So, that was Deadpool 2 then. A cameo-filled, piss-ripping action-fest, designed to recreate all of the elements that made the first Deadpool movie such a success and increase the public’s love-affair with the character. There’s certainly no shortage of spectacle or laughter on display in the sequel, but it also provides a big old slice of disappointment, an issue which may ultimately stop this particular side-franchise dead in its tracks.
The film’s biggest issue is the gross imbalance of style over substance. No matter how much spectacular swordplay, gallons of gore or witty one-liners it crams in, ultimately what limited storyline or character-development it possesses are paper-thin, meaning it’s hard to really give much of a shit about proceedings.
In reality, if you caught even a fraction of the hype juggernaut that preceded the movie’s release, then you’ve pretty much seen all of the film’s high points already. This includes the majority of the explosive central chase sequence, as well as the scenes where X-Force assemble.
The rest of the 90 minutes consists of Ryan Reynolds throwing rapid-fire shade on pretty much anyone and anything he can think of. From kids TV, to DC Comics, Star Wars, other Marvel projects. Every other sentence involves a knowing wink to camera, and a shot at somebody else in the film industry. And to be truthful, it starts to wear a little thin after a while.
We know Josh Brolin plays Thanos. We know he was in The Goonies. We know Green Lantern was a flop. There really is no need to keep on referencing the point incessantly. It’s like an overlong episode of The Big Bang Theory, desperately trying to reference EVERYTHING before the titles roll. And after a while, Deadpool’s motor mouth stops compensating for the generic weaknesses elsewhere in the production.
CGI villains are always a gamble, and the second attempt to bring Juggernaut successfully to the big screen again ends in failure. The special effects fall irritatingly short of where they need to be, and despite all the cloak and dagger about who is voicing the character, their performance is neither entertaining or memorable enough.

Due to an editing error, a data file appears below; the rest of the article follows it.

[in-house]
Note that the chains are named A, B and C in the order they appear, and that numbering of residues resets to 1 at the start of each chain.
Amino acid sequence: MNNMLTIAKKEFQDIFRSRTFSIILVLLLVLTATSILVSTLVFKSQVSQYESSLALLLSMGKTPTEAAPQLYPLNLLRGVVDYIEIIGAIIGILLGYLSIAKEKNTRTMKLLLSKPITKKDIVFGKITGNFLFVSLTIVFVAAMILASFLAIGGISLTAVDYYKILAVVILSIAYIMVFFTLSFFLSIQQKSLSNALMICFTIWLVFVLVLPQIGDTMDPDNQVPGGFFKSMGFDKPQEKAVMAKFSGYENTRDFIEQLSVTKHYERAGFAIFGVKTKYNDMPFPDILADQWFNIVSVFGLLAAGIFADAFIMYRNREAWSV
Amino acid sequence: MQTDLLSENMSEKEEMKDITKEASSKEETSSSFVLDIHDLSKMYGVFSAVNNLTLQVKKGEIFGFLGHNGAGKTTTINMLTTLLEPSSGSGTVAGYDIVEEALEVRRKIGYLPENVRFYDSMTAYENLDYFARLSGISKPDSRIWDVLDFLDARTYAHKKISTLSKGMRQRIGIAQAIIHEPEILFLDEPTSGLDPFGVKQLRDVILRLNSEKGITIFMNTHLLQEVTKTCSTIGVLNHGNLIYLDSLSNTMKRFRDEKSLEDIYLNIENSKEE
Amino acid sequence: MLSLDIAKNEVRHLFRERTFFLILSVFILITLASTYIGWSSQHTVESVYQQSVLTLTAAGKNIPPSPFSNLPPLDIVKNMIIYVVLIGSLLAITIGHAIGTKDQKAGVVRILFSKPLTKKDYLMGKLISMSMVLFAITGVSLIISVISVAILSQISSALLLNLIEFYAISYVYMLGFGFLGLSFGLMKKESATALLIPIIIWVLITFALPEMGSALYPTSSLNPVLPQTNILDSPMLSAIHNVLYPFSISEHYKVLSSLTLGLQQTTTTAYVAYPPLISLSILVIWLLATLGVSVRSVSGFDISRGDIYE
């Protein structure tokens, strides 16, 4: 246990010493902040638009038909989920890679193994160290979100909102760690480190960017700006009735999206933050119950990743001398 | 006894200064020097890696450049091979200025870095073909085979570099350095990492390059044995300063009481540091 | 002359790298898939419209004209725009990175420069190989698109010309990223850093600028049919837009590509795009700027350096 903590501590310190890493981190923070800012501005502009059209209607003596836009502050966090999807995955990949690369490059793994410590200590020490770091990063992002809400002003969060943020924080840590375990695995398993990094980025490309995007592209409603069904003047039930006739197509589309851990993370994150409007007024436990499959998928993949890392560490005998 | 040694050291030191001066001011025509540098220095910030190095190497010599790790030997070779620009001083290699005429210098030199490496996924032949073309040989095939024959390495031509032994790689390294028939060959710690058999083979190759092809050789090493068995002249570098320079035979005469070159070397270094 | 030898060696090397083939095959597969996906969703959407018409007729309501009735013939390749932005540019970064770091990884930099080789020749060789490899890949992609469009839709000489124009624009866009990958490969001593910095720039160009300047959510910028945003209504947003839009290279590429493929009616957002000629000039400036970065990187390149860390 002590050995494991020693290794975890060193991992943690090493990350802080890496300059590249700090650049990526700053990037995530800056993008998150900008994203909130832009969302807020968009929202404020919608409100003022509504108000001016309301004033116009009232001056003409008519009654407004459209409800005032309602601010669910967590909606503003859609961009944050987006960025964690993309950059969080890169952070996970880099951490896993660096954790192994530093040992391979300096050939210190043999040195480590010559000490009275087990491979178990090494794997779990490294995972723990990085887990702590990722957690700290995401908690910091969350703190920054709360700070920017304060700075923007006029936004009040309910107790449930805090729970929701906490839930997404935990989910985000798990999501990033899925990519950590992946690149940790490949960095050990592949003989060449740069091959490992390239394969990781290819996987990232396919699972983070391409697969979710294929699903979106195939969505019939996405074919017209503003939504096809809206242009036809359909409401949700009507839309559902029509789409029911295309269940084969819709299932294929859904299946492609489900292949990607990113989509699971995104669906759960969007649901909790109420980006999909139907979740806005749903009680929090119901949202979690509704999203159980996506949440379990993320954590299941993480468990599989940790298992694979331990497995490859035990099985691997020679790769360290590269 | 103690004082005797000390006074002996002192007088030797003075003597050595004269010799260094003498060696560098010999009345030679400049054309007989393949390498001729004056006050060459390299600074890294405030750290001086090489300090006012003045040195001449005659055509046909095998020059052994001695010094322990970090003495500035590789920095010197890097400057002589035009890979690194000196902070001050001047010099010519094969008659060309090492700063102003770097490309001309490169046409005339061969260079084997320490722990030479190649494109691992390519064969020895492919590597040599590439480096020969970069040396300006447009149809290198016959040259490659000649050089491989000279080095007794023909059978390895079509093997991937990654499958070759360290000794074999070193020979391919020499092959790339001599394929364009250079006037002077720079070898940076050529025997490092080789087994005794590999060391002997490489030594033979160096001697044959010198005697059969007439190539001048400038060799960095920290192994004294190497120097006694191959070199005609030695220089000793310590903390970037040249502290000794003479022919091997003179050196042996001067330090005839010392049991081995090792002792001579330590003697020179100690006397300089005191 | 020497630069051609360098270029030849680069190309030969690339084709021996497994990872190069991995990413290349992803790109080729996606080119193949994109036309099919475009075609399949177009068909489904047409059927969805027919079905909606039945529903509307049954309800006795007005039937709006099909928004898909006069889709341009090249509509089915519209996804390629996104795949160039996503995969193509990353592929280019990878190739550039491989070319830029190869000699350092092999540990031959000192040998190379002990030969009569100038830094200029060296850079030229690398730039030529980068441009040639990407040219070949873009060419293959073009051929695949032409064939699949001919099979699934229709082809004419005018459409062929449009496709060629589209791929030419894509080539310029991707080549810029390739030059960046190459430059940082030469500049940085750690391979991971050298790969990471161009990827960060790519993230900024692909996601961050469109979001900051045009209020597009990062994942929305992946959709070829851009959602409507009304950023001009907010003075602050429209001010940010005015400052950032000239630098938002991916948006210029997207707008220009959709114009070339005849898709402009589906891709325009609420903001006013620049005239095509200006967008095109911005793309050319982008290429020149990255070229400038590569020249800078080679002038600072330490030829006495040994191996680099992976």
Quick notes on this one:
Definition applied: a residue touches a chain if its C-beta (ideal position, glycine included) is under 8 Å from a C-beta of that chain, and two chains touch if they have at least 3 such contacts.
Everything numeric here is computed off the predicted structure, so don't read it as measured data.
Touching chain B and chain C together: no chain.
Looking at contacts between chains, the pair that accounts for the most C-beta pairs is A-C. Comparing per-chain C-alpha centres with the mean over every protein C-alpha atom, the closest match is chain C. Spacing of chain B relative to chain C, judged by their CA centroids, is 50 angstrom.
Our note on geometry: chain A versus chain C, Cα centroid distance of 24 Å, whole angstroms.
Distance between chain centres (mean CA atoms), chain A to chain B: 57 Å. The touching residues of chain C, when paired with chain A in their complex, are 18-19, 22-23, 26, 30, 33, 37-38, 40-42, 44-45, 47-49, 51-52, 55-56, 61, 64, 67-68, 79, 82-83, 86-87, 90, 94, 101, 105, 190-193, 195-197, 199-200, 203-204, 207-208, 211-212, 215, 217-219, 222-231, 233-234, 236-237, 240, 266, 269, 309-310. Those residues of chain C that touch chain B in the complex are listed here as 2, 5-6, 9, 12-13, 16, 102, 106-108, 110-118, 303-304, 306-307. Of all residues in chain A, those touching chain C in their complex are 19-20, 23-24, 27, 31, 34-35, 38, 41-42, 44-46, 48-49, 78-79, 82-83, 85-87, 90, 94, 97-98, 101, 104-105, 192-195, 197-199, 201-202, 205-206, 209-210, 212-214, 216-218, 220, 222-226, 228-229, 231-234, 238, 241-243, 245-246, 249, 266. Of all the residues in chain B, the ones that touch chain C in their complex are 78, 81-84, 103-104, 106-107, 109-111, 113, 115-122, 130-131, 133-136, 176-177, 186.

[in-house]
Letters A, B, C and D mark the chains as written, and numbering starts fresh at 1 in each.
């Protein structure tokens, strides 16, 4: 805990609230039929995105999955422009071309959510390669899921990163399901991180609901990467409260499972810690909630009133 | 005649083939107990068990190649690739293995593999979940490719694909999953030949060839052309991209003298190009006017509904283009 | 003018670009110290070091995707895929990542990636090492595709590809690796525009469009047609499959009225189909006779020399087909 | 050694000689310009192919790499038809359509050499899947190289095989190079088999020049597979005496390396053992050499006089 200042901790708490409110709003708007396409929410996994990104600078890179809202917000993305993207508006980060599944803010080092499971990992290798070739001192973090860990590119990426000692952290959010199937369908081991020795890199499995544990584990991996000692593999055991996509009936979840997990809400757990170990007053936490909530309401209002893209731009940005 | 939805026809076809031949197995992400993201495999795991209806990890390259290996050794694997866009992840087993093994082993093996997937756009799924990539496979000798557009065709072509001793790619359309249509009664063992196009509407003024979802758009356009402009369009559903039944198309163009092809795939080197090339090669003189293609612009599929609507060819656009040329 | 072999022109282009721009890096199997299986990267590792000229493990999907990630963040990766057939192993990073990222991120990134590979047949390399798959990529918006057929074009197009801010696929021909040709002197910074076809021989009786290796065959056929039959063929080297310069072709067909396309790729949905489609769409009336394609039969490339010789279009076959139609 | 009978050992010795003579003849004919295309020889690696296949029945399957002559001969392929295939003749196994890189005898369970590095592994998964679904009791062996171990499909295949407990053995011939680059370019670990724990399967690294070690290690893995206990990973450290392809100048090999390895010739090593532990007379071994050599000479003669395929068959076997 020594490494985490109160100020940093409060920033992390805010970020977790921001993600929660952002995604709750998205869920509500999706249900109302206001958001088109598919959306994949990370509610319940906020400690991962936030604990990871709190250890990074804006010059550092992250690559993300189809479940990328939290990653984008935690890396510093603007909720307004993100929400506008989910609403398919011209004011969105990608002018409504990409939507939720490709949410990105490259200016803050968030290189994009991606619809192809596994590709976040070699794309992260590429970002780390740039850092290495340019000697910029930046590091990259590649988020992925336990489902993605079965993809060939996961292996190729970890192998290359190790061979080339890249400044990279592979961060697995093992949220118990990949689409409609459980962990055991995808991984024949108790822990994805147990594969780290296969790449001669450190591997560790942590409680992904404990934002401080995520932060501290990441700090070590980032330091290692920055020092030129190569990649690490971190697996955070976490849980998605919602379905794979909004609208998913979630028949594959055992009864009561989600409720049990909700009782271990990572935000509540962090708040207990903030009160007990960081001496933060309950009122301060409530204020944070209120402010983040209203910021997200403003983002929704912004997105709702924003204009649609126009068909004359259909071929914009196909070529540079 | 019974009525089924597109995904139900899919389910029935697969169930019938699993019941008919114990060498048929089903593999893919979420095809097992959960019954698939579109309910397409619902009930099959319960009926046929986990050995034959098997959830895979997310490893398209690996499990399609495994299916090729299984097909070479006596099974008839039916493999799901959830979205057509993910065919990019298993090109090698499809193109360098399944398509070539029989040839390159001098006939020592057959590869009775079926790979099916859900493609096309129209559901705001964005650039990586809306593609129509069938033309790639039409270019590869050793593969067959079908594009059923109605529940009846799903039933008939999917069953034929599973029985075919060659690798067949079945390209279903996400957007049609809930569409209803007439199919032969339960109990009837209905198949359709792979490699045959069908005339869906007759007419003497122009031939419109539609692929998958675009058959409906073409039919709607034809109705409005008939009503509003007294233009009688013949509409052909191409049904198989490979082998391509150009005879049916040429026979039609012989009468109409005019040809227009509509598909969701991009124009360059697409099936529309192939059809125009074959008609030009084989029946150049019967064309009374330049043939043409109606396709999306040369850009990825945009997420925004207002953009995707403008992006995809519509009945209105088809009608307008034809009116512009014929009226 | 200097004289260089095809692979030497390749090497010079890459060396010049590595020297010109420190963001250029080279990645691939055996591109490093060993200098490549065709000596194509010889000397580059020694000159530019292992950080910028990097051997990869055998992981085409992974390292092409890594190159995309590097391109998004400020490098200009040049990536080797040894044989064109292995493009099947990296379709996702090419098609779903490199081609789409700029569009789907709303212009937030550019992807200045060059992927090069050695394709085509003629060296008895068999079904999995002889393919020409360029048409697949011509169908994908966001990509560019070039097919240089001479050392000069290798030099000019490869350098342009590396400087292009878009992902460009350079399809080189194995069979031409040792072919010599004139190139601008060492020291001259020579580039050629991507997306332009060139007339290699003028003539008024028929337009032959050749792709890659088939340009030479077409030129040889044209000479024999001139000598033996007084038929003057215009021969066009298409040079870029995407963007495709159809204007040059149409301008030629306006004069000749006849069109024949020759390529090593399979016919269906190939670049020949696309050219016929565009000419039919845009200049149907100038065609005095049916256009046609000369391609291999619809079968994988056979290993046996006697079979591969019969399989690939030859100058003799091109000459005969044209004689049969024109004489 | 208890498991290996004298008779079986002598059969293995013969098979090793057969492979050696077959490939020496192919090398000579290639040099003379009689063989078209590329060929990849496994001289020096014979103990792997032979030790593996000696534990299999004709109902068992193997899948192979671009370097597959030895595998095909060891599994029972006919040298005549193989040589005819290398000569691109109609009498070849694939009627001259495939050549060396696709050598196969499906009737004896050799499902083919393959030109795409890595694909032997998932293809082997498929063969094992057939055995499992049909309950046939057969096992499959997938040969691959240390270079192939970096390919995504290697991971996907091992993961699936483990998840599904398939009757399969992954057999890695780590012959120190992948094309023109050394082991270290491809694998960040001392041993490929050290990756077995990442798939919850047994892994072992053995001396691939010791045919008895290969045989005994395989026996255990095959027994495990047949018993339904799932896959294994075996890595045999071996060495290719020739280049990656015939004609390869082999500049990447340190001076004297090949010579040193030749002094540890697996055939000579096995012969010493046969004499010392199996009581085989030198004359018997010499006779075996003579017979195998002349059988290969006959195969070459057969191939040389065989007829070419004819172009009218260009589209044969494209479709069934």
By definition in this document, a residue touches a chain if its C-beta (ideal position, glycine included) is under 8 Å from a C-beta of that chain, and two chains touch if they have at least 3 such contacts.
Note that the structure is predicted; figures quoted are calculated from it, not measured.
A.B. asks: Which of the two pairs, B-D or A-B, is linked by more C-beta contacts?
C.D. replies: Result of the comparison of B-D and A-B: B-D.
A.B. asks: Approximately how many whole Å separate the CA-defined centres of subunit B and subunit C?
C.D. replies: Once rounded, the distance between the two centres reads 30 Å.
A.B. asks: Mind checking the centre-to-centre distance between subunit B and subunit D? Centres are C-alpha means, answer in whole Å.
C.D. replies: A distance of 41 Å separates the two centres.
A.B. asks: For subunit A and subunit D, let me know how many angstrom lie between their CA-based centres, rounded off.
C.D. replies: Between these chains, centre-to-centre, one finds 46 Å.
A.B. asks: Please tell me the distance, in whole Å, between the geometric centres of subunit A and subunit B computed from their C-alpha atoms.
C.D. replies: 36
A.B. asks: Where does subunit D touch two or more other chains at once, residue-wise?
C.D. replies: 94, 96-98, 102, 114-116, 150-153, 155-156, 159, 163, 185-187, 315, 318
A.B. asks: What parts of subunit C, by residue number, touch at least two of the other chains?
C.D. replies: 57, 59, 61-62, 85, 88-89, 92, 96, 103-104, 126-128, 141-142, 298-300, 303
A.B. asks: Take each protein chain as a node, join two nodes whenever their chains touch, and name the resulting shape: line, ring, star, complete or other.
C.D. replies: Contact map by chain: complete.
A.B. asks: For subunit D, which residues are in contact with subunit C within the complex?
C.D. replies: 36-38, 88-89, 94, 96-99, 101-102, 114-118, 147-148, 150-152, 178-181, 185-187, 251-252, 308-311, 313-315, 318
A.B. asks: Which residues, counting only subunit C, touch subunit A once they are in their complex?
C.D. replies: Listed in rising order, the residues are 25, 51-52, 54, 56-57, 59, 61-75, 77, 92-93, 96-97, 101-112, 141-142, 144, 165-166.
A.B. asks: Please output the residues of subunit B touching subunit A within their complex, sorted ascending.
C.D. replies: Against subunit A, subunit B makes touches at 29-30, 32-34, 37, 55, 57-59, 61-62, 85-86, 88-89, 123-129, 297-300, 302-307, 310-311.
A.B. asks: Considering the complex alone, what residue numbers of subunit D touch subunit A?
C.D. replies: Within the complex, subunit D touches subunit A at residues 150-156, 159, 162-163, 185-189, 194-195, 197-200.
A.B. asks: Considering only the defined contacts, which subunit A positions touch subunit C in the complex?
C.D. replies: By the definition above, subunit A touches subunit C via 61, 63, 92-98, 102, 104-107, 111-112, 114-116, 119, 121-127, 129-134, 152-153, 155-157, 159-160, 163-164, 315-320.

Yes, it’s nice to see some X-Men cameos, but they’re lacking in the humor that is being crammed in everywhere else, and feel purely functionary. Colossus remains an uncomfortable fit, coming as excess baggage from the first movie, and Brolin’s performance as Cable is an utter waste of the character.
The script at one point even describes him as a poor-man’s Winter Soldier, a description that’s surprisingly on the money. Take away the gadgets and the metal arm, and what’s left is pretty much just grunting and gurning. And whilst Zazie Beetz throws her heart and soul into Domino, ultimately all she brings are some slo-mo set pieces and ripostes to the rapid ramblings of Reynolds.
The decision to massacre X-Force was a brave one, and just about pays off. Seeing Brad Pitt, Terry Crews and Bill Skarsgård butchered is undeniably the highlight of the film, and worth the ticket price alone. The problem is, everything seems to visibly drag up to and after that point, with the plot trying to unsuccessfully juggle the jokes with some drama for effect.
Take away the celeb cameos, the mining of fringe characters to satisfy the hardcore fans and the improv dialogue, and what you’re left with is a weak and haphazard script. Again, this is referenced (well, that’s just lazy writing…) blindingly close to the truth, and really does make me wonder about the direction that Reynolds and co were taking the project.
There’s little logic or reason to proceedings. Even by the standards of a time travelling X-Men movie this is a bizarre and nonsensical story. Russell’s character arc is hard to fathom, uncomfortably lining up Cable and X Force to stop him in an unconvincing finale.
The truth is, Deadpool only has a limited shelf-life on the big screen. The character failed to make an impact in X-Men Origins: Wolverine, because it doesn’t fit with the rest of the X-Verse. The decision to make a separate semi-linked side franchise worked well for the first movie, enthralling and entertaining. But this time round the jokes are falling flat, proving that we’re ultimately never going to see an MCU debut for the character.
Deadpool 2 was rushed out on the back of the success of the first movie. The reshoots and reliance on improvisation are clear to see, proving exactly why the producers should have given it another year and some more thought before creating the sequel. The worst thing they could do now is to immediately green-light a threequel, because the joke is already wearing a little thin…